CDC Fears ‘Zombie Deer Disease’ Is Spreading, Could Infect Humans

U.S. Fish and Wildlife Service

WASHINGTON – The Center for Disease Control issued a warning this week about a deadly disease spreading in the United States.

Chronic Wasting Disease, known as the “zombie deer disease,” is an illness that infects the brain, spine and tissue of deer, elk and moose.








The CDC reports the disease starts by infecting prion proteins in the brain, and is passed through contact with contaminated body fluids and tissue.

As of January 2019, there were 251 counties in 24 states with reported CWD in free-ranging cervids. This map is based on the best-available information from multiple sources, including state wildlife agencies and the United States Geological Survey (USGS).

Afflicted animals show symptoms such as emaciation from forgetting to eat, excessive drooling and stumbling.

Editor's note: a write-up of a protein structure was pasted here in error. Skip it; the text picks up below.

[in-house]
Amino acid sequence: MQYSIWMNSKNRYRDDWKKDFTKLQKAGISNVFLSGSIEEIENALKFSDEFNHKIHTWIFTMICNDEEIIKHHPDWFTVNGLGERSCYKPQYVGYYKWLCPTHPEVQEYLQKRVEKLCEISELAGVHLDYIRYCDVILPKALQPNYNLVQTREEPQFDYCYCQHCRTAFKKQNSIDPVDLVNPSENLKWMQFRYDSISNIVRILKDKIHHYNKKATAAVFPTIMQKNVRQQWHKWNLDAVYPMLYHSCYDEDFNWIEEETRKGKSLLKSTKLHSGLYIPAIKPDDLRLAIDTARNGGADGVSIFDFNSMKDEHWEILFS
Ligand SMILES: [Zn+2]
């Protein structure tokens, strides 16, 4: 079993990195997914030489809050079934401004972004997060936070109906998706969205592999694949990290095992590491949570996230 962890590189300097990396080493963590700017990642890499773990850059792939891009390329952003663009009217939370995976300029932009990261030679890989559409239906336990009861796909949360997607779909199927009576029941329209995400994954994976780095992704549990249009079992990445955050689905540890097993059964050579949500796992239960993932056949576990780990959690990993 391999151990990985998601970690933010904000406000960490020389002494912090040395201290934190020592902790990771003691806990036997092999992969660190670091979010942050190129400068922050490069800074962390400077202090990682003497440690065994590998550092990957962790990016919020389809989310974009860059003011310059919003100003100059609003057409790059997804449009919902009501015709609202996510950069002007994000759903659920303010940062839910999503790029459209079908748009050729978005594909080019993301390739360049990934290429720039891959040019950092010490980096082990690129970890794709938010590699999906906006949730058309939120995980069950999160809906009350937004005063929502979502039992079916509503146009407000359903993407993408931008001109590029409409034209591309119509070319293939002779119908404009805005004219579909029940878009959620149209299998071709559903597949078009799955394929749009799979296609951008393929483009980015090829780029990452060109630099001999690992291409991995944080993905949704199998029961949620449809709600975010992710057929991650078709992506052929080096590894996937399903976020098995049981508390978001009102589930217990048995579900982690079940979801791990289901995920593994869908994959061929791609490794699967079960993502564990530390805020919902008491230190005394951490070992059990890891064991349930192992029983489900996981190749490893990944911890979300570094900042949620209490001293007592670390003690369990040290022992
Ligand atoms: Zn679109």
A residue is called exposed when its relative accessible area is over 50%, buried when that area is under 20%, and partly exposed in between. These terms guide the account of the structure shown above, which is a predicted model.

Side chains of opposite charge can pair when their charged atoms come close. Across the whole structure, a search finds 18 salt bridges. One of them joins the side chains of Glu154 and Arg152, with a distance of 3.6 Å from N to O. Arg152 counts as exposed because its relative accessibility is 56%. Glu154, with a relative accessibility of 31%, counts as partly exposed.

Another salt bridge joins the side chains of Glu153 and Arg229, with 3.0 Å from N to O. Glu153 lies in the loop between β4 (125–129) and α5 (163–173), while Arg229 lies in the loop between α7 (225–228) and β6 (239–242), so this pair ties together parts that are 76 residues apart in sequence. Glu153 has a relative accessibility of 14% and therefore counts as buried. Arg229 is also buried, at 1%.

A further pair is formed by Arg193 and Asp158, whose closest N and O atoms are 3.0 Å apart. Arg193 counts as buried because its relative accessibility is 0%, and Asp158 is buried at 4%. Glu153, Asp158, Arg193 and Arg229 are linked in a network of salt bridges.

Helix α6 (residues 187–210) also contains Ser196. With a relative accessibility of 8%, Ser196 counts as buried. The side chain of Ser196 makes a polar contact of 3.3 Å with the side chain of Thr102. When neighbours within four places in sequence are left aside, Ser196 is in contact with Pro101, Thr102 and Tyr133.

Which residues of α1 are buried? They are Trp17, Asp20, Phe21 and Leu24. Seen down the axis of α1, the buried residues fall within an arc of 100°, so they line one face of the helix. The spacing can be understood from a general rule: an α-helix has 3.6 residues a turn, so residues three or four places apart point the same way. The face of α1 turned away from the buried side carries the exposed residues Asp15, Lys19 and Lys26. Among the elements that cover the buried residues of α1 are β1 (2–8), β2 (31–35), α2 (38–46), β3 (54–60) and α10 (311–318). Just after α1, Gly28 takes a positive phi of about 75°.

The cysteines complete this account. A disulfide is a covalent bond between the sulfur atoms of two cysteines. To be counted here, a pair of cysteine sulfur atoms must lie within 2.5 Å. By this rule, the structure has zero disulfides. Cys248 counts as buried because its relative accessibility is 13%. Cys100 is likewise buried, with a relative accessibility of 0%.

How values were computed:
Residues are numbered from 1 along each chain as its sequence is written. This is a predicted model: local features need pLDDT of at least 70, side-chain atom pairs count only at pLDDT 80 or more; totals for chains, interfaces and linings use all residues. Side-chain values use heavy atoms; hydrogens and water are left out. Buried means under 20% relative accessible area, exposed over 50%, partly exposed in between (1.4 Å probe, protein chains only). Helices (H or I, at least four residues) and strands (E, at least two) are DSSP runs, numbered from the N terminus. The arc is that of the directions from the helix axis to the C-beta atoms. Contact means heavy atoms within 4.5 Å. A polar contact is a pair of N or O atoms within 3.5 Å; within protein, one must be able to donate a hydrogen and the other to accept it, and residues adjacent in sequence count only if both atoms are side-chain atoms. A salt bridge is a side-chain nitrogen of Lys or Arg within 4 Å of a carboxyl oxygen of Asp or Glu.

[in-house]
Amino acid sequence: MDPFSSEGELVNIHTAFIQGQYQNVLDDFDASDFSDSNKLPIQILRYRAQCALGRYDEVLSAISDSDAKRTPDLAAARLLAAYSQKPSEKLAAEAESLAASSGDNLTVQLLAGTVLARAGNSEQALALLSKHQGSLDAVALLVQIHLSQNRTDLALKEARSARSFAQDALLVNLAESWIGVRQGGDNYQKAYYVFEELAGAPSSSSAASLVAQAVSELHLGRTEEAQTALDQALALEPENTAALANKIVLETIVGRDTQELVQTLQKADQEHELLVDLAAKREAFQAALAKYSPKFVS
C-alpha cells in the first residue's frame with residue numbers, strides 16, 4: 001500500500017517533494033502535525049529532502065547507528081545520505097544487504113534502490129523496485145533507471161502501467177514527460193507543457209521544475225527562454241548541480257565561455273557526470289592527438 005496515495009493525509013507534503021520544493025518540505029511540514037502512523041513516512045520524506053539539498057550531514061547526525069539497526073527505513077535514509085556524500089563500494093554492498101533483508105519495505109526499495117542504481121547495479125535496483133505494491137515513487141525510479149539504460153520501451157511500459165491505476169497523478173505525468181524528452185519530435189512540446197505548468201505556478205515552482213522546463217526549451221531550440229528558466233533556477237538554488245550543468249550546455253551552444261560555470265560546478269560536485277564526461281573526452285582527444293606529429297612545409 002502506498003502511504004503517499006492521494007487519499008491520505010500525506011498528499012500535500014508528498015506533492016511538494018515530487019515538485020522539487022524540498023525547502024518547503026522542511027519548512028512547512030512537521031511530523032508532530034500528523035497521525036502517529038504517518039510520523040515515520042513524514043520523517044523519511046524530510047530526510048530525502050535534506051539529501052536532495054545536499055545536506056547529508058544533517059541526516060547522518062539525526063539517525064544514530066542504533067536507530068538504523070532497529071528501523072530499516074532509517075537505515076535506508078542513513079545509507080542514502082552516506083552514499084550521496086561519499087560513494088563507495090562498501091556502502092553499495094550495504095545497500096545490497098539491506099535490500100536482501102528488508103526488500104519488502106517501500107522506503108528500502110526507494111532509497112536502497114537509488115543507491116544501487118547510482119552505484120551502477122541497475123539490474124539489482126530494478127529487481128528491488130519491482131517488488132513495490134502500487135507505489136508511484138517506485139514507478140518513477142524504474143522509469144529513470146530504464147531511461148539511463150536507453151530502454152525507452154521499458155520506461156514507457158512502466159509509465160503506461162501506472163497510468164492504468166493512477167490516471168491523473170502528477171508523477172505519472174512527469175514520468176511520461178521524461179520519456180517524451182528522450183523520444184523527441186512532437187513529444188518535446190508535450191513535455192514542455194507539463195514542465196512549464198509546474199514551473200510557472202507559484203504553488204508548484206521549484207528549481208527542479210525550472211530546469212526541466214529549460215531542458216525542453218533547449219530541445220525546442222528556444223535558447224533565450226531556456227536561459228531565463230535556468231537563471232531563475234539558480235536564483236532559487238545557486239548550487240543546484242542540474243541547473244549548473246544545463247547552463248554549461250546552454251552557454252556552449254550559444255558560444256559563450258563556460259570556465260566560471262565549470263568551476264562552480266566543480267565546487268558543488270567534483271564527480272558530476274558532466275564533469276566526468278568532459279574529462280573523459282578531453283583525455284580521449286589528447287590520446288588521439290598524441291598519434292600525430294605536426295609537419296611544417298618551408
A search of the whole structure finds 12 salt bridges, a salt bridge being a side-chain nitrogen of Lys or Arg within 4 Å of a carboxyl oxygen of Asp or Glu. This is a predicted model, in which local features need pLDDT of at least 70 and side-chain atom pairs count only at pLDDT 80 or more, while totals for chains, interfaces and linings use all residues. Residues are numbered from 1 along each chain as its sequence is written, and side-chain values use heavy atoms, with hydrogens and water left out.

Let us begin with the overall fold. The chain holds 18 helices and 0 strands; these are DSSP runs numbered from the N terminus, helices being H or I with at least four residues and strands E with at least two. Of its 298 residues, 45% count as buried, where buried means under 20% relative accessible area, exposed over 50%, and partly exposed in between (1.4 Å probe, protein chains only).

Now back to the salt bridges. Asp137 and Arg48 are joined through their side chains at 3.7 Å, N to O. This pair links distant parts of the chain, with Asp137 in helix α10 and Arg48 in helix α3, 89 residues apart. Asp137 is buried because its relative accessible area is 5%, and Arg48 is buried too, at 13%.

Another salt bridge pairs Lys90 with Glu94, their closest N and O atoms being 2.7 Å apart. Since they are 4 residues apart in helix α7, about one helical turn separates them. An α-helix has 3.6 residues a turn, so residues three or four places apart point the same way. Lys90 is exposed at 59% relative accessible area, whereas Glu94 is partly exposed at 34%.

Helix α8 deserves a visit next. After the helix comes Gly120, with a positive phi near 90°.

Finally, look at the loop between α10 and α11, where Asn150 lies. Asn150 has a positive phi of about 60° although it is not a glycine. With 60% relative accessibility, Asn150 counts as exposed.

There are no treatments or vaccines for CWD, and officials said the disease is fatal.

The CDC has raised the alarm about the potential for CWD to infect humans, as a Jul. 2017 study has shown monkeys who ate infected deer meat contracted the disease.















There is no known case of CWD in a person. However, the CDC has warned the public to test venison or elk meat for CWD before eating it from areas with documented infections.

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